This post was coauthored by Melissa Hoffer & Jo Anne Shatkin.
We are excited to share with you the news that today CLF and CLF Ventures released a report that, for the first time, details the economic development potential for urban agriculture in Greater Boston, assesses its environmental and health co-benefits, and examines current market and policy barriers to expanded food production in Greater Boston. The report‘s findings confirm that urban agriculture can play an important role in creating a more livable, carbon resilient, healthier, economically vibrant, and environmentally sustainable city—if we put smart policies in place and encourage market development for Boston grown foods.
Download a free copy of the report here.
The City of Boston has taken important steps over the past two years to advance urban agriculture, and new businesses are taking root, including City Growers, a Mattapan-based farming business that is featured in this report. There is a palpable sense of excitement about the potential of this new urban vision for agriculture for communities; possibilities abound. But CLF and CLF Ventures believe it is more than possible— it is a necessity, and an urgent one at that as we face the challenges of climate change, an obesity epidemic, lack of availability of healthy foods in many communities, and a fragile economy.
The report found that converting as few as 50 acres of vacant or underutilized land around Boston into agricultural production would spur job creation, improve access to healthy, local, fresh food, and reduce environmental harms. Key findings of the report include:
- Land is available. 50 acres – an area the size of Boston Common – is a small portion of the vacant or underutilized land available in Boston.
- Urban farms would stimulate the economy by creating jobs. 50 acres of urban agriculture in Boston will likely generate at least 130 direct farming jobs and may generate over 200 jobs depending on actual business characteristics and revenue.
- Healthy, local and affordable food. 50 acres in agricultural production would provide enough fresh produce to feed over 3,600 people over a six-month retail season. If the produce is used to prepare healthy school lunches in Boston Public Schools, 50 acres could provide more than one serving of fresh produce for each lunch served to a student eligible for free or reduced school lunch over a six month period. If 800 acres of potentially available City-owned land were put into agricultural production, the food needs of approximately 10 percent of Boston’s total population could be fully satisfied during a six-month retail season.
- Significant environmental impacts. Urban agriculture in Boston will result in a net reduction of greenhouse gas (GHG) emissions. 50 acres of properly managed soils would sequester about 114 tons of cabon dioxide (CO2) per year and may result in an additional CO2 reduction of up to 4,700 tons per year.
- Community adaptation. No less than 6,000 new temperature records were set during the recent March 2012 heat wave, and more than 40,000 have been set for the year-to-date. Meanwhile, the July 2011-June 2012 period was the warmest 12-month period of any 12-months on record for the contiguous U.S., with the first half of 2012 being the hottest ever recorded. The International Energy Agency’s recent projection of a 10.8 degree F temperature increase over pre-industrial levels by the end of this century underscores the fact that a more decentralized food system will be necessary to enable our communities to better adapt to changing climate conditions, including the impacts of more frequent severe weather. Urban agriculture is a part of this solution.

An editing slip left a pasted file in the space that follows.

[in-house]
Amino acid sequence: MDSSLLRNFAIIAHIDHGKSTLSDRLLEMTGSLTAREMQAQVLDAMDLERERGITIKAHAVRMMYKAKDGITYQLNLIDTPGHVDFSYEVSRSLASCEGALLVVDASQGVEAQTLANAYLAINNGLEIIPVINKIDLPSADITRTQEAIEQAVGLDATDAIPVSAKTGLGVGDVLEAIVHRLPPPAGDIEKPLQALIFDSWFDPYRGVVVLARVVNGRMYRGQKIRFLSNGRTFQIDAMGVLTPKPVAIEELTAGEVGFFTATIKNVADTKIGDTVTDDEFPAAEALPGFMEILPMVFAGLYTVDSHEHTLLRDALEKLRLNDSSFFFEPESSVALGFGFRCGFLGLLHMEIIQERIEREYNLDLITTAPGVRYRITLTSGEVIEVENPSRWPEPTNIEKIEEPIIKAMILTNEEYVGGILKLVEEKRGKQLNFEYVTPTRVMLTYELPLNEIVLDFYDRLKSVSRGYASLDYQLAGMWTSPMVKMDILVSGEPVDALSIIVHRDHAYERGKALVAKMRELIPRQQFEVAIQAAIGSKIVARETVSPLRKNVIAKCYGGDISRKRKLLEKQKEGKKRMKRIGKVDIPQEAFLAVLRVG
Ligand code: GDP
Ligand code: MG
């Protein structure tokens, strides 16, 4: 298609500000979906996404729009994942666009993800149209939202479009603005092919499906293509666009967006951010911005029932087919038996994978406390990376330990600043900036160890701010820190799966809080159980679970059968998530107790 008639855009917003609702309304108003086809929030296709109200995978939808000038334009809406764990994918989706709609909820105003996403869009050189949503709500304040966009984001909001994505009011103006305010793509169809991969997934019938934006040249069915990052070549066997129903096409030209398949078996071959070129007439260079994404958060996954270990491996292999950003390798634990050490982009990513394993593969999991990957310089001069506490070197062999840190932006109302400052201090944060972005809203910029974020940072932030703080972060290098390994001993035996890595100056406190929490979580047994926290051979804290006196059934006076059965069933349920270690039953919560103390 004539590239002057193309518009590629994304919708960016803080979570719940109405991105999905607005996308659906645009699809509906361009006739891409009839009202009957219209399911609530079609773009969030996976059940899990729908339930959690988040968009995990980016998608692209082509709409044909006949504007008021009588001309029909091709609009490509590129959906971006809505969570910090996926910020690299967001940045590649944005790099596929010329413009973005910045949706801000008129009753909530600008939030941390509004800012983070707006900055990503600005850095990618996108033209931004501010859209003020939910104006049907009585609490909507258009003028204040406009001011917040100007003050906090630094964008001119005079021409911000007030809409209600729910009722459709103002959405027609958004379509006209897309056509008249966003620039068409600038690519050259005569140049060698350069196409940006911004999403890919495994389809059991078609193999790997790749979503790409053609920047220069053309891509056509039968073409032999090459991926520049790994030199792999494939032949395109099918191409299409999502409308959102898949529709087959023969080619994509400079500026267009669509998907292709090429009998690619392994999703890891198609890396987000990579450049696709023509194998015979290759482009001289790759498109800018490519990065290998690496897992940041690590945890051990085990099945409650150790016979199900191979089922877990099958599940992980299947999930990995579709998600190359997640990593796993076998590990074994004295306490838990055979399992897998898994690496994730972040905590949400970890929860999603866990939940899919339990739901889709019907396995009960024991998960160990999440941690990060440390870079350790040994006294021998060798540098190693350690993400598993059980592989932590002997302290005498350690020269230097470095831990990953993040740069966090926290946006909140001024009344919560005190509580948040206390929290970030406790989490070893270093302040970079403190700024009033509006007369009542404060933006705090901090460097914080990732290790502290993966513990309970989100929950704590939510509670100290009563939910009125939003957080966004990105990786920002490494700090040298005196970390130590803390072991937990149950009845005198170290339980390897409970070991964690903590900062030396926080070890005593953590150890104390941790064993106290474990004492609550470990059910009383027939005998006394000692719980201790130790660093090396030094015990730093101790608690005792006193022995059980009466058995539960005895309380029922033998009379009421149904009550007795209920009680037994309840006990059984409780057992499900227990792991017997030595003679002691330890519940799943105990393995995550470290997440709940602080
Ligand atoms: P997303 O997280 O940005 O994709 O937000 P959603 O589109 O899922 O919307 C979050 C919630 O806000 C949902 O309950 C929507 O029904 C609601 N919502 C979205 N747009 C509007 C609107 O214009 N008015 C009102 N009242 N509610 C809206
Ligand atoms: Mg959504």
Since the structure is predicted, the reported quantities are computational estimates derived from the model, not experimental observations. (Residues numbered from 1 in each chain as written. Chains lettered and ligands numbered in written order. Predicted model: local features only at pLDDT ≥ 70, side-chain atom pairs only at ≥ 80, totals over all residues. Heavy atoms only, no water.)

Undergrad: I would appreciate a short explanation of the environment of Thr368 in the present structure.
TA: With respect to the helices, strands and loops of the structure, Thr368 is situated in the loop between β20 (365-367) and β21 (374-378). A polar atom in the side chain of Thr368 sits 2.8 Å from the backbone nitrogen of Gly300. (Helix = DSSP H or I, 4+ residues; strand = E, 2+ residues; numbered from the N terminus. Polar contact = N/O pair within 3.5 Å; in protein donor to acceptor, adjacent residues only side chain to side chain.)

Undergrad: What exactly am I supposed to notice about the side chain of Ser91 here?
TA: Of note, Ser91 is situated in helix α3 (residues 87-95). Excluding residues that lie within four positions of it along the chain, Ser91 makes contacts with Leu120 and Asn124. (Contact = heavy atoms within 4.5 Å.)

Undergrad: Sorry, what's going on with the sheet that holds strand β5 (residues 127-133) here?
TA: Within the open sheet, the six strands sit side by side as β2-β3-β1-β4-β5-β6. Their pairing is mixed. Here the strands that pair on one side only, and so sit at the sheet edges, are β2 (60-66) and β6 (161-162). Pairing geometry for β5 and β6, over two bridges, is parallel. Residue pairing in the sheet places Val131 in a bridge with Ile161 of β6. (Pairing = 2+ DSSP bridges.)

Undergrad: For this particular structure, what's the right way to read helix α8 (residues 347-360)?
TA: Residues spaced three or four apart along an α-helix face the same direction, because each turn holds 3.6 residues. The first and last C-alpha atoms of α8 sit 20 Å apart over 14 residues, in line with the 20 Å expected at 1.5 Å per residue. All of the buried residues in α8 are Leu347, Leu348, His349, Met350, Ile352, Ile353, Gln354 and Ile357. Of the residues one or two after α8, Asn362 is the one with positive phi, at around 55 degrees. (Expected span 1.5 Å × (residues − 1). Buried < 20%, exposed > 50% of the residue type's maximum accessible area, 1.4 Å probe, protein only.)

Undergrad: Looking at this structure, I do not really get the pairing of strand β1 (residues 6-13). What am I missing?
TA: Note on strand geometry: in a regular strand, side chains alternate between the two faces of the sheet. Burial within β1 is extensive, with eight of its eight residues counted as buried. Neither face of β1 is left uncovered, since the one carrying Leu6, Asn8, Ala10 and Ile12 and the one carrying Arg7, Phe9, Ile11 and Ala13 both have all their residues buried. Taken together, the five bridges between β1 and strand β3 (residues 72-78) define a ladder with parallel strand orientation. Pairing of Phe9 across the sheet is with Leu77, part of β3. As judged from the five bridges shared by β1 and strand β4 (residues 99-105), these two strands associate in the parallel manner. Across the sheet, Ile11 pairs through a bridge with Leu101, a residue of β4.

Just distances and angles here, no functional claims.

As Jo Anne said in the press release announcing Growing Green, it’s clear that even 50 acres of sustainable agriculture on available land would be an economic stimulus and environmental resource for Boston. While we focused on a 50 acre test scenario, these conclusions are scalable across New England. Imagine how vibrant New England would be like with a robust and sustainable regional food system.
In addition to the potential benefits, the report also considers the policy and market barriers to fully realizing the potential of urban agriculture, examining the ways in which promoting urban agriculture will require city and state involvement and key needs for such involvement. Such barriers include the need for policies that provide affordable access to land, one of the key market barriers for both new and experienced farmers; strategies to reduce the risks associated with the Commonwealth’s hazardous material cleanup law; improved access to high quality compost; and better financing options to overcoming prohibitive capital and operating costs, amongst other findings.
Our ongoing work seeks to link urban agriculture to the larger regional food system, and focuses on how to overcome some of the barriers we have identified.
Boston is ideally positioned to play a lead role in coordinating with the Massachusetts Food Policy Council, other New England states, and cities around the region to build a vision for a New England regional food system and make it happen. Boston is emerging as a national leader in urban agriculture innovation, and can be a voice for the benefits of urban agriculture and as one of the region’s largest consumers, help to build the market for regionally grown food.
Download a free copy of the report here.
Find an infographic detailing the report here: http://bit.ly/clfgrowinggreen
To read more about CLF’s Farm & Food Initiative, click here: http://www.clf.org/our-work/healthy-communities/food-and-farm-initiative/